“[An] important book. . . Michael Sandel is just the right person to get to the bottom of the tangle of moral damage that is being done by markets to our values.” ―Jeremy Waldron, The New York Review of Books
“The most famous teacher of philosophy in the world, [has] shown that it is possible to take philosophy into the public square without insulting the public's intelligence. . .[He] is trying to force open a space for a discourse on civic virtue that he believes has been abandoned by both left and right.” ―Michael Ignatieff, The New Republic
“[Sandel]is such a gentle critic that he merely asks us to open our eyes. . . Yet What Money Can't Buy makes it clear that market morality is an exceptionally thin wedge. . . Sandel is pointing out. . . [a] quite profound change in society.” ―Jonathan V. Last, The Wall Street Journal
“What Money Can't Buy is the work of a truly public philosopher. . . [It] recalls John Kenneth Galbraith's influential 1958 book, The Affluent Society. . .Galbraith lamented the impoverishment of the public square. Sandel worries about its abandonment--or, more precisely, its desertion by the more fortunate and capable among us. . .[A]n engaging, compelling read, consistently unsettling. . . it reminds us how easy it is to slip into a purely material calculus about the meaning of life and the means we adopt in pursuit of happiness.” ―David M. Kennedy, Democracy: A Journal of Ideas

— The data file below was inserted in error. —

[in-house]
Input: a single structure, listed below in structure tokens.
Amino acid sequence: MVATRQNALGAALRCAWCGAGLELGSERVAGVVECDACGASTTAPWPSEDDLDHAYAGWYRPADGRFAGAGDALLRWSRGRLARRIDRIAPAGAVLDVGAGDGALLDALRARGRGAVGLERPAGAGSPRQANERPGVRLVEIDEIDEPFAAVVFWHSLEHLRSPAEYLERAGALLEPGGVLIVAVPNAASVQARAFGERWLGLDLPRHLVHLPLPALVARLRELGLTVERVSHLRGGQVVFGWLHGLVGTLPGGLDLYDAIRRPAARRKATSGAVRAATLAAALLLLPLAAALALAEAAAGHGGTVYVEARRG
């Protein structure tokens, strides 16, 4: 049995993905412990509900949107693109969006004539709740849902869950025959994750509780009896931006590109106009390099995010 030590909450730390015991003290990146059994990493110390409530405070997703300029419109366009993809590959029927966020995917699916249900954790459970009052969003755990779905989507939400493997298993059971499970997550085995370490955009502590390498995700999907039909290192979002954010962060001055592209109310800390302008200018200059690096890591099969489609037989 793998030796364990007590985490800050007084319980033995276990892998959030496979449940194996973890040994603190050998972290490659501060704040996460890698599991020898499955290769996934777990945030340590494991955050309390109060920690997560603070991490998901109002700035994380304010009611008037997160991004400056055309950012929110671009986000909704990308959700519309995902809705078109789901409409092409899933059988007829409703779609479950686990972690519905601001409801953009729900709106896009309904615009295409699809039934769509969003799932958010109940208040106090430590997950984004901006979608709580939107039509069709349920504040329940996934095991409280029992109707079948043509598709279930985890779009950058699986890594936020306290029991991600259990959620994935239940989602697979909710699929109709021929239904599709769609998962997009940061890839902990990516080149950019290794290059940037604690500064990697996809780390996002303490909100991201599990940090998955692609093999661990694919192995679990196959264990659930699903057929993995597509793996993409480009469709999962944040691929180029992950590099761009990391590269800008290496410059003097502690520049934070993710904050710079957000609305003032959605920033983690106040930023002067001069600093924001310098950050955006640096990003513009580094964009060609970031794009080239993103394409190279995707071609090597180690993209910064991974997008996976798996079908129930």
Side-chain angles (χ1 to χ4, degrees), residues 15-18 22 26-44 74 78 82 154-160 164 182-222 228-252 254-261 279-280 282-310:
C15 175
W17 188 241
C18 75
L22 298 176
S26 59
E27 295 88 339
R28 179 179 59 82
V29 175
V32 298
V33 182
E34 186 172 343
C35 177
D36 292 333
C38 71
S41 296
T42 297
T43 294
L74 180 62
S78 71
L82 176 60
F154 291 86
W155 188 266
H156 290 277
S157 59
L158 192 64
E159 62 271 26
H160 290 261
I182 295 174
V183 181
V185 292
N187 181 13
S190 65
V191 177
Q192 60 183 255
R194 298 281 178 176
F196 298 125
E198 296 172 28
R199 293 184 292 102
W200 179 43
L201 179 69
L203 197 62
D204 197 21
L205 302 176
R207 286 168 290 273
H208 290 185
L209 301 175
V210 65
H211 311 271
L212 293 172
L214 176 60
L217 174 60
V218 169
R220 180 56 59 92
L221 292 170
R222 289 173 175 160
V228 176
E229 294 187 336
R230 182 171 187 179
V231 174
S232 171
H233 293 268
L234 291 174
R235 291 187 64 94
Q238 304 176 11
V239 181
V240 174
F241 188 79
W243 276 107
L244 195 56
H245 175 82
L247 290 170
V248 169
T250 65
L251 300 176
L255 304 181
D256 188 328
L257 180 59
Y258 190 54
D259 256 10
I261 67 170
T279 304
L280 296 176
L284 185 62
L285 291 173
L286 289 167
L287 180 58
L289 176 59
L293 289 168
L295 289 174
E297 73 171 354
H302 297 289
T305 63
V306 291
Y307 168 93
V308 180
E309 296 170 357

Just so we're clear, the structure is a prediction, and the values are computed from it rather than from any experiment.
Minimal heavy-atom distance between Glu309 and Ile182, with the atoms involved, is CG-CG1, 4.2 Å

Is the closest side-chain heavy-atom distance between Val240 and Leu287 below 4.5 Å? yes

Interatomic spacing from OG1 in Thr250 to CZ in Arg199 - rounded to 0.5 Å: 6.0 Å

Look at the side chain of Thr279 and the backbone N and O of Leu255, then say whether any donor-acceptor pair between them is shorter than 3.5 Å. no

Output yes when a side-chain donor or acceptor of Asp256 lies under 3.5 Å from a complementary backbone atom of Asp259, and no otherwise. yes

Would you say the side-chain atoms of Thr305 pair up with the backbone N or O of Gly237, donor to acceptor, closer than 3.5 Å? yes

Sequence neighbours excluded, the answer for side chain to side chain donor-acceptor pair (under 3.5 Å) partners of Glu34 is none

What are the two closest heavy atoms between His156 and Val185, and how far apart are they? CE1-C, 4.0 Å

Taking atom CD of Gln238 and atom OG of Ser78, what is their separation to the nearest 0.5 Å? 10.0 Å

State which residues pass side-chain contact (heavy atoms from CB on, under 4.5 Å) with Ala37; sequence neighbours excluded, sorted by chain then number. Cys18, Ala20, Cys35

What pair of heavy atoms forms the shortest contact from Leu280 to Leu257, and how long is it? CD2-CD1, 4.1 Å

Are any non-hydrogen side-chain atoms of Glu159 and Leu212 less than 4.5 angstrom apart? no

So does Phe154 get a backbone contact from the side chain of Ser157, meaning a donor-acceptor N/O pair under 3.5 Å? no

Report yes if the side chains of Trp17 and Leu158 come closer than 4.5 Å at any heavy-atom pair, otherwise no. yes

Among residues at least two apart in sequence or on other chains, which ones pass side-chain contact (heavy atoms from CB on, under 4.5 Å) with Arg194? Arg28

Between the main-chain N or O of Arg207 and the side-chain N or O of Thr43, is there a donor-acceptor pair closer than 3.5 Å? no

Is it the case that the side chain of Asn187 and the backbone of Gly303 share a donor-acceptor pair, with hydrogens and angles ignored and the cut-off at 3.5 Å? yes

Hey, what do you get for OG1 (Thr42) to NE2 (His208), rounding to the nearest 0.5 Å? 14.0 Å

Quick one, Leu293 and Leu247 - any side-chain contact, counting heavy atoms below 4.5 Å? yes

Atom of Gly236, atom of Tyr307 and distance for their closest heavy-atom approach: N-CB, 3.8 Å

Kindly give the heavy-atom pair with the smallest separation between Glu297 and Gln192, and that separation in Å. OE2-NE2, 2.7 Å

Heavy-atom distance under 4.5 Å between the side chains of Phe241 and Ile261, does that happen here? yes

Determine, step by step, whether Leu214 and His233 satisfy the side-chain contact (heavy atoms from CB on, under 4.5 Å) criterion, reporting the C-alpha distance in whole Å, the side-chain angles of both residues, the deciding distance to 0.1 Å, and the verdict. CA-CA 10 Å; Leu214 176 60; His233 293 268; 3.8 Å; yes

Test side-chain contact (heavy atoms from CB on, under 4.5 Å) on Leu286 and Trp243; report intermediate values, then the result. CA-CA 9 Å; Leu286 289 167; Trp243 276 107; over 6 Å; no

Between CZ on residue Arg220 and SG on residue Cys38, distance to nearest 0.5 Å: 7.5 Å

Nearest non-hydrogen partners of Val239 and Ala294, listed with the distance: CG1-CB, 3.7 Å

“[Sandel] is currently the most effective communicator of ideas in English.” ―The Guardian